How the Supremes and Little Stevie Wonder played a role in the Northeast’s biggest aristocratic love scandal


ON April 12, 1965, Ian Wright, the Echo’s teen intern snapper, traveled to the Globe in Stockton to photograph Tamla Motown’s tour, which featured a stellar cast: The Supremes, consisting of Mary Wilson, Diana Ross and Florence Ballard, plus Smokey Robinson and the Miracles, Martha Reeves and the Vandellas, Little Stevie Wonder, the Temptations and Georgie Fame.

However, promoter Harold Davidson arrogantly believed the tour would sell itself and banned all media coverage – even at the Globe, which had become Ian’s second home, he was there so often, but at this time. occasion, he was turned away.

After learning his trade on the Echo, Ian went with Harold Evans to the Sunday Times and ended up working for the newspaper in America. He got a house in Los Angeles, and luckily one of his neighbors was Mary Wilson.

Ian was back at the Globe last week (above) to launch his new book on the restored site. In the book, he recounts how he was chatting with his neighbor, like you do, and he mentioned that he had already tried to photograph her in Stockon.

And she mentioned that, of all the shows around the world that she had given, she too remembered that night at the Globe.

The Northern Echo: Photo dated 10/8/64 of American vocal group The Supremes, (L to R) Florence Ballard, Mary Wilson and Diana Ross, at a reception at EMI House in London during a visit in Great Britain.  Mary Wilson, the longest-reigning original supreme, has

The Supremes in 1964: (from left to right) Florence Ballard, Mary Wilson and Diana Ross

She remembered seeing a “Dusty Springfield guy” hanging out backstage, laughing and laughing like a schoolgirl. Later, after the show, she spotted him on the bus where she was snuggling up to Georgie Fame – he was at the peak of his glory by then, having just scored the first of his three No 1s with Yeh, Yeh.

Tour director Dick Scott told the stars the bus was going to make a detour for dinner.

“We turned down this winding road to this magnificent mansion,” Mary Wilson told Ian. “We all disembarked marveling at its splendor. Then we heard music. It was jazz, coming from within.

“Go up the many stone stairs in this magnificent entrance hall.

“All I remember was the candlelight and the servants taking our coats and presenting us with monogrammed plates and cutlery wrapped in a napkin. They escorted us to the dining room where there was a fabulous buffet, and the combo was playing.

“The band leader introduced himself and the band members, said he was glad we came over, and we all sang a few songs, and around midnight Dick Scott called the clock. The bus ride to the hotel, I remember, was not very long.

It was all Mary Wilson knew.

Ian, a true press man, knew much more. He knew that the magnificent mansion was Wynyard Hall and that the laughing “dusty guy” was Nicolette, the Marquise of Londonderry, wife of the 9th Marquess of Londonderry.

Nicolette – known as Nico – was born in 1940, the daughter of a wealthy London stockbroker and a Latvian baroness. She was one of the last debutantes to be introduced to the Queen and at the age of 16 she was engaged to the 9th Marquis, 20, who had inherited the Wynyard Estate two years earlier when her father succumbed to the ‘alcoholism.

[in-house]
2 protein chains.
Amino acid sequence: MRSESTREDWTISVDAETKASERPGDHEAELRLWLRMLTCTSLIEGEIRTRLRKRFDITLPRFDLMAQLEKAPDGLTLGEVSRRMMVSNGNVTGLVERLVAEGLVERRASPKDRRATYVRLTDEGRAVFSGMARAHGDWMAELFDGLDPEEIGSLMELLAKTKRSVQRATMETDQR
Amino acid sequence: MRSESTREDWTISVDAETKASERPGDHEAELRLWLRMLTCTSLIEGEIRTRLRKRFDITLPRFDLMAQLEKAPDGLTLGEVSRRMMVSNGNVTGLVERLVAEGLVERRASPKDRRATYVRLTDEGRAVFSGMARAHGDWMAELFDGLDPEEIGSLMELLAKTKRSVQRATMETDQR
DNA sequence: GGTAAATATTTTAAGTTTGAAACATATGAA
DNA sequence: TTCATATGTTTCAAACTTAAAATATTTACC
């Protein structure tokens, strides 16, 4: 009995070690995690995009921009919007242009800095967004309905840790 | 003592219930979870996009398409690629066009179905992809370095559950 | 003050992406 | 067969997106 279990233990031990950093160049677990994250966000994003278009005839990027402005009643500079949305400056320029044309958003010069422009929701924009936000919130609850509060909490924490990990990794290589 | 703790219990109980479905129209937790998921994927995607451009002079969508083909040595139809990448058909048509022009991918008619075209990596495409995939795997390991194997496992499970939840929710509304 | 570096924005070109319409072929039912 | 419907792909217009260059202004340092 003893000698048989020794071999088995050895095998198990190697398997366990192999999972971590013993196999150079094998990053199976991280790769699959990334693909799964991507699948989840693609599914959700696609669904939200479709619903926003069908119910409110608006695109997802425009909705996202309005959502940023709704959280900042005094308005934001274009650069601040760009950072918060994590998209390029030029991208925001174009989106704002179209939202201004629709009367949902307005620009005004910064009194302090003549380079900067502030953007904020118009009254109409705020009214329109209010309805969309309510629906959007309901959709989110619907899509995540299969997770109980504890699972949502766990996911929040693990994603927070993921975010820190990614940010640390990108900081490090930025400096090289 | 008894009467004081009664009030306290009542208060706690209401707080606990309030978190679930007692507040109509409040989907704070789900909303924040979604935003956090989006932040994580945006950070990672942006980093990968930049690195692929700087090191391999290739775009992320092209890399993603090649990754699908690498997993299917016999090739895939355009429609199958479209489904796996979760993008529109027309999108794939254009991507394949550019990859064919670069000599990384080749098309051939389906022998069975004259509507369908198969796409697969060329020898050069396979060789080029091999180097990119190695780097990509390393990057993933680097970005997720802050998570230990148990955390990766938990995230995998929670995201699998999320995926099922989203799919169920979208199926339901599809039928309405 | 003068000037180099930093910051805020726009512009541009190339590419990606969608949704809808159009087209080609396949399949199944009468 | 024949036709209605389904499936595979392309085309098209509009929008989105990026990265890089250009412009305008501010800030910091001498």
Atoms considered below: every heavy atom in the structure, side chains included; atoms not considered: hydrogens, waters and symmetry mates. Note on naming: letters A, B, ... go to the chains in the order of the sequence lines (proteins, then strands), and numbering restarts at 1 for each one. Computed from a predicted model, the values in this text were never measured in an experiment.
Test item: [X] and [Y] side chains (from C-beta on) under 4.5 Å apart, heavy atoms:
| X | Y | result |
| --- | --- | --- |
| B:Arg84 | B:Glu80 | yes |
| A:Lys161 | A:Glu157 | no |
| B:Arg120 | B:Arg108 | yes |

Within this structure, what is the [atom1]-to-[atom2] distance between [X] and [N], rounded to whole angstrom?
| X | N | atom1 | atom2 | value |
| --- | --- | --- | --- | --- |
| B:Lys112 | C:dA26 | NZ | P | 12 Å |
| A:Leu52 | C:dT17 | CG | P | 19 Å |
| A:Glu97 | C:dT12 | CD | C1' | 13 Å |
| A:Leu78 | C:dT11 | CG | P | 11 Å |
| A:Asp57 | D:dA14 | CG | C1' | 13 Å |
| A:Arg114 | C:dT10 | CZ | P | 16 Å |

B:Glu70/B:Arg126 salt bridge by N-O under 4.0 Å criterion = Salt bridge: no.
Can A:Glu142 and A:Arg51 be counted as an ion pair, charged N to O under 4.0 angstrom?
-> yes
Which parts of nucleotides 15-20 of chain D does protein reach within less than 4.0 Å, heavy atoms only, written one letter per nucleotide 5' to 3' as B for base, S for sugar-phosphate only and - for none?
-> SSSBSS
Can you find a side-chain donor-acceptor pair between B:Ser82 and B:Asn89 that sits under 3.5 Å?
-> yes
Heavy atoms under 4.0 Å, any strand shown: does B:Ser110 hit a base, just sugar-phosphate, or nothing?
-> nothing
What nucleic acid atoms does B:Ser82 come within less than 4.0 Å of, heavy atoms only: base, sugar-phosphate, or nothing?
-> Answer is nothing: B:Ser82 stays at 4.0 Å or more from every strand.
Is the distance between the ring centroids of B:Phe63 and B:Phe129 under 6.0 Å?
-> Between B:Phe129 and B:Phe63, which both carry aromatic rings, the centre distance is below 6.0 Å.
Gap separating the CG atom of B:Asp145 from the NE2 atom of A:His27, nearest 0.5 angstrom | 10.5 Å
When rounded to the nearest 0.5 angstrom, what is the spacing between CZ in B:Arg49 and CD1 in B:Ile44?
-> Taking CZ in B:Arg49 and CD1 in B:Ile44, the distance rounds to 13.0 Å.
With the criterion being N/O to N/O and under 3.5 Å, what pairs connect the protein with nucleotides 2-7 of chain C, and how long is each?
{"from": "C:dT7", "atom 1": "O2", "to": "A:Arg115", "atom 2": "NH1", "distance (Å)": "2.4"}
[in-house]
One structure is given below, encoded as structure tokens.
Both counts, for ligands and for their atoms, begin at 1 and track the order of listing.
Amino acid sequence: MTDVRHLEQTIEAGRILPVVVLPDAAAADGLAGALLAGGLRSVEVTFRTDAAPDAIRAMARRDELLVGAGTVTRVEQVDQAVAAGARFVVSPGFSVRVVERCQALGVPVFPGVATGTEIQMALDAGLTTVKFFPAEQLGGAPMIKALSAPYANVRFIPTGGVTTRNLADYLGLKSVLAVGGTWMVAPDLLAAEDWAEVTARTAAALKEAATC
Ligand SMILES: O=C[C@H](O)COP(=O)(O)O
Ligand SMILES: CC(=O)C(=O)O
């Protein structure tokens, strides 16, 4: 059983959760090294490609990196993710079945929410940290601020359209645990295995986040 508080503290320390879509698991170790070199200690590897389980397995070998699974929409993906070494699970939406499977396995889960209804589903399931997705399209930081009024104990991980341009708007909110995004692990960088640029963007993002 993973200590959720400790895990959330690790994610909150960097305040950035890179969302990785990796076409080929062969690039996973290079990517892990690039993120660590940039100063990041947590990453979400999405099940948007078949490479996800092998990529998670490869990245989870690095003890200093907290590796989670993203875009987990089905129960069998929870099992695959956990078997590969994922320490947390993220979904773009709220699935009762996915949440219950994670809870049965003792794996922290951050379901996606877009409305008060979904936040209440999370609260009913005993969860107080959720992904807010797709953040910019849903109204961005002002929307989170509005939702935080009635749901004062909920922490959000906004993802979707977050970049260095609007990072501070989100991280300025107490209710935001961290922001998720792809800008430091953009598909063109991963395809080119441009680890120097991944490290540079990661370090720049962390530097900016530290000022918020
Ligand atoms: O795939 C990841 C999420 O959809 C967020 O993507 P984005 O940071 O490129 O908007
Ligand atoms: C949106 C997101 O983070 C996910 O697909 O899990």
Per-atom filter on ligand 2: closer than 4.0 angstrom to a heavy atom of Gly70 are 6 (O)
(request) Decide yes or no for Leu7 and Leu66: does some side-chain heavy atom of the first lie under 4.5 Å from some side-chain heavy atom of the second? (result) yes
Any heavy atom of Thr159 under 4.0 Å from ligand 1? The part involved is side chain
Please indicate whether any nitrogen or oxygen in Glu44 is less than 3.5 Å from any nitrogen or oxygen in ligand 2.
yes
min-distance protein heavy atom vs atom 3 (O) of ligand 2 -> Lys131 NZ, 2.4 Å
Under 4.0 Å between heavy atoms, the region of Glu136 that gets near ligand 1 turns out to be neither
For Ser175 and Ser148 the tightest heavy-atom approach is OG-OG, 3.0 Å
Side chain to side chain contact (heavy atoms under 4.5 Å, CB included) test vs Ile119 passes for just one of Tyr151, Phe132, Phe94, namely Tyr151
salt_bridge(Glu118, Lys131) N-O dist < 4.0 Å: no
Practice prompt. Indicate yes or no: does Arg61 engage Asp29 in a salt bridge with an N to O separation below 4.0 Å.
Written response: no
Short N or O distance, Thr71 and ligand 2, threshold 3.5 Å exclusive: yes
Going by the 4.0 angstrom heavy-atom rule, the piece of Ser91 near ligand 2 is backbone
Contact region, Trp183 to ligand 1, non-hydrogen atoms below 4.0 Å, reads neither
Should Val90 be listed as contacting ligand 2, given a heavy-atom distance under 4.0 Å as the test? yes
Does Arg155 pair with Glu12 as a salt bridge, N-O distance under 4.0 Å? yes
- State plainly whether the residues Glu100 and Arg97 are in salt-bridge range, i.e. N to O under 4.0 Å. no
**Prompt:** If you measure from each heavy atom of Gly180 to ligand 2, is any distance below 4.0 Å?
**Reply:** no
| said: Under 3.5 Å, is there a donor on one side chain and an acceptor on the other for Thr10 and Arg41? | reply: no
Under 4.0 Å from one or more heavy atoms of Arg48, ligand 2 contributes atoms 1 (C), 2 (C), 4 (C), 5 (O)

Nico and the Marquis, who devoted a fortune to restoring Wynyard, had two children, but in early 1965 the Marquis saw the pretty 22-year-old singer from Lancashire do Yeh, Yeh on Top of the Pops.

Yeah, yeah, thought Nico. She was seduced. She looked for him in London and joined in on the tour.

When it came to the Globe, she had to make sure the stars returned to her place – and the leader of the group, the Eton Five, was her husband, Alistair Vane-Tempest-Stewart, the 9th Marquis.

In 1969, Nico gave birth to her third child, Lord Castlereagh. The suspect Marquis confronted her, a blood test was taken, and Fame was identified as the father.

The divorce in 1971 made headlines, especially as the ex-Marchioness immediately married her pop star at the Marylebone Register Office.

Sadly, she committed suicide in 1993 by jumping from the Clifton Suspension Bridge near Bristol. She left a note saying she had “no purpose in life” after her children left home.

Ian’s story doesn’t end there. The morning after the Globe concert, he showed up at the all-star hotel, the Billingham Arms (demolished in 2015 for an Aldi) to see if he could take pictures as the tour bus left for the Newcastle Town Hall.

But there was a pandemonium. Little Stevie Wonder – aged 15 and, of course, blind – was missing. Ian spotted Dick Scott giving a description of the missing boy to Billingham’s bobby.

“He’s black, 14.4ft 11, weighs about 95 pounds, wears dark glasses, a yellow jacket, black shirt and pants, white shoes and a cap,” Dick replied.

The bobby riding his bike said, ‘Don’t worry, no one else fits that description in this town. I’ll find him soon, sir, “and I went looking for Little Stevie Wonder,” Ian says in the book.

An hour later, exactly at noon, when the bus was due to leave, Stevie Wonder casually strode over to the Billingham Arms with a large paper bag. Ignoring the commotion, he had gone to see the sights of Billingham.

“Kissing Stevie with delight,” said Ian, “Dick Scott crushed the contents of the paper bag and the juice from the fresh fruit inside ran down the front of Stevie Wonder’s jacket.

L'Écho du Nord: Curtain up: The Globe, 1935-1975

Curtain Up: The Globe, 1935-1975 by Ian & Lauren Wright, costs £ 25 and is available from The Globe in Stockton.


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